Monday, April 28, 2008
The price of Admission
A couple of nights ago, I was looking for something to read that didn't have to do with the church, or theology. My life is so centered on New Hope and what God is doing and wants to do through all of us here, that I don't really read anything else. In years past I spent a lot of time bring drawn into the stories of Mark Twain's characters, William Faulkner's Mississippi, Steinbeck's California, and the military fiction of W.E.B. Griffin and Tom Clancy - and others, lots of others.
But as time has passed, I've spent more and more time in books about church.
Well, Tuesday I went out in the garage, where boxes of books still lie packed up from our move almost two years ago (the rest are in the attic or at church) and found "Flags of Our Fathers." I remembered reading it a while back and how it helped me understand a little bit of what my own father had gone through in that era.
So I picked it up and started reading again. The author is the son of one of the men forever immortalized as the "flag raisers" on the island of Iwo Jima. After his father's death, his family finds a couple of boxes in the closet with clippings about that event. They discover things they never knew about their father's courage and his relationship with the men he shared that "mountain top experience" with that day. Great book I highly recommend.
One of the men whose life he examines had come into military service the same way my father, who passed away a couple of years ago, did. When the war broke out, this individual was in an outfit called the Civilian Conservation Corps. The author explains how it was created to help men whose families were impoverished out of that hole called the Great Depression, and served as an intro to the rigors of Army life.
Here's what caught my attention. In order to participate in the program, that would lift your family out of poverty...
You had to admit you were poor.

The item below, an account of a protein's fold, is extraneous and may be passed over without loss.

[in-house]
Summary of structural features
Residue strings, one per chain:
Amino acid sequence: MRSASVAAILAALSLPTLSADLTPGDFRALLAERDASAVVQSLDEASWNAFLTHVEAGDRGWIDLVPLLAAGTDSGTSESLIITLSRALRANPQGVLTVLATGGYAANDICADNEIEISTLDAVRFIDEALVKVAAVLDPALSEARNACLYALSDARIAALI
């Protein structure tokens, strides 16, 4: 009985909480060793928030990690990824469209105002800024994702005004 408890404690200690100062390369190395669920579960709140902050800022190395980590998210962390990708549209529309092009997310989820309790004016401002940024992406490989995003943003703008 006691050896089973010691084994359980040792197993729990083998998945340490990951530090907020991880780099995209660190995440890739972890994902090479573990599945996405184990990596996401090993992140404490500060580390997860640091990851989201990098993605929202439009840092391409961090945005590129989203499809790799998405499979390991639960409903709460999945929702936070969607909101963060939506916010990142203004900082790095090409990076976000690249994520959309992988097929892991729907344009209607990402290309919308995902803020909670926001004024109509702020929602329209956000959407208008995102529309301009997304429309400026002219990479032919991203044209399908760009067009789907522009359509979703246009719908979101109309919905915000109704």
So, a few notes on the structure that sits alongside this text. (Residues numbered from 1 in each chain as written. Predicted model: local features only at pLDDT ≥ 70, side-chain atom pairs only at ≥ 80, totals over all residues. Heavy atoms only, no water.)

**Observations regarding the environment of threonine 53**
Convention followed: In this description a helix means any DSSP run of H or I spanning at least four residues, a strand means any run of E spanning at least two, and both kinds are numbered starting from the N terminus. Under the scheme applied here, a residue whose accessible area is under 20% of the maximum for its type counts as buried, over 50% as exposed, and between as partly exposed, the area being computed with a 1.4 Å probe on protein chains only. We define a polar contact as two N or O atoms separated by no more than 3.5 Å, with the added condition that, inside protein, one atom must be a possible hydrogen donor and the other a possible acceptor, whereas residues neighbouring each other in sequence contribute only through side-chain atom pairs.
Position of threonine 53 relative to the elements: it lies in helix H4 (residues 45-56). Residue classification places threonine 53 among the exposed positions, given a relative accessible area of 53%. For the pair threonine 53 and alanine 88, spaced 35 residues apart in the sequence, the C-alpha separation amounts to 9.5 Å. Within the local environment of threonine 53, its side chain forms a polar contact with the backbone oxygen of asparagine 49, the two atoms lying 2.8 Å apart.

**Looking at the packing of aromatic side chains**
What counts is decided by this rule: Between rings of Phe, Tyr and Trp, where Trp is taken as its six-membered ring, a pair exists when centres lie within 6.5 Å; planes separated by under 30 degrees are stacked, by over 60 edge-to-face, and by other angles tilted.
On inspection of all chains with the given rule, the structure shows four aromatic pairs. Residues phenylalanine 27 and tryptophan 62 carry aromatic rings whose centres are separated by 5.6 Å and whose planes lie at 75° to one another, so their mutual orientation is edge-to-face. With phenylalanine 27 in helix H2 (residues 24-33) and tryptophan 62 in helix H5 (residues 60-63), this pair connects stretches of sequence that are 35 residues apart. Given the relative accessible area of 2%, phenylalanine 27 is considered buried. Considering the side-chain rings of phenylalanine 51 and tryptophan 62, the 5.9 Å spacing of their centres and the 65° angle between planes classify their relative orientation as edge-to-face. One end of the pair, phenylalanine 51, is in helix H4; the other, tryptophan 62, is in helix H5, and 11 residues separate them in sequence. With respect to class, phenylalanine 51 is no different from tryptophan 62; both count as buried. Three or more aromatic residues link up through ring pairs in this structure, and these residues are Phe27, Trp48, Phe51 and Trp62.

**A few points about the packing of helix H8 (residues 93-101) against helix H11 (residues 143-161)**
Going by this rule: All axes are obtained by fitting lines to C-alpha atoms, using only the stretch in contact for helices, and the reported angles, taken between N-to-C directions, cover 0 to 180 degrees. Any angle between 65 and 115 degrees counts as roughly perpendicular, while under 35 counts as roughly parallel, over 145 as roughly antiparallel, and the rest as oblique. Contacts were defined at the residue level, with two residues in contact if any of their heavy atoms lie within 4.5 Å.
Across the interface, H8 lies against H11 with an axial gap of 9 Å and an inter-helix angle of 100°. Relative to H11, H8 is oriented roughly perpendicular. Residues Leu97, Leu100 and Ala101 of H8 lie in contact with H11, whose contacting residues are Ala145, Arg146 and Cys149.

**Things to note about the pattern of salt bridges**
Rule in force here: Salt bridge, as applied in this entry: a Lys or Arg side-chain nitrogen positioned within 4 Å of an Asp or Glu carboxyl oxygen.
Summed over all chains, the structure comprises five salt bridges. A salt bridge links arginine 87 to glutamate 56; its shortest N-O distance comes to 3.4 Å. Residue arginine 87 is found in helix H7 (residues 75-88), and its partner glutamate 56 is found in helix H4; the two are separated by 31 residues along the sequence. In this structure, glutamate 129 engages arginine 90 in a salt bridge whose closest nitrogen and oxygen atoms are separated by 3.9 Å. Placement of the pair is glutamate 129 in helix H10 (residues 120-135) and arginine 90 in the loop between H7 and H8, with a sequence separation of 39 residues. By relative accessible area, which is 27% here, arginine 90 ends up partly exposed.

That you were in need.
That was the price of admission, and I suspect there were some whose pride would have kept them from participation. My father and his family must have done that, or they wouldn't have gotten helped. I'm so thankful that they did. For my father's joining the CCC was their first step up from poverty - a poverty so bitter that decades later my father would point out certain weeds and explain to his boys that "those were all we had to eat." Times were hard, but hope was available - if you paid the price of admission, and swallowed your pride and said "I need help."
Funny how similar that organization is to this one - the Church.
I've been reading with interest Ed Stetzer's posts on the future of the SBC, as well as a few of the posts examining what the findings mean.
What has amazed me frankly are those who are rushing forward to claim that declining membership doesn't mean anything is wrong. There's so much wrong that for once I do not think any church growth guru can possibly design the next Lifeway program to help us pretend to fix it.
I'm reminded of one pastor's encounter with some Nob Hill socialite who was recounting a litany of woes. The pastor patiently hear her out and suggested that the woman needed to admit she needed help and call upon God.
"Has it come to that?", she is said to have replied.
Yes brothers and sisters, it has come to that.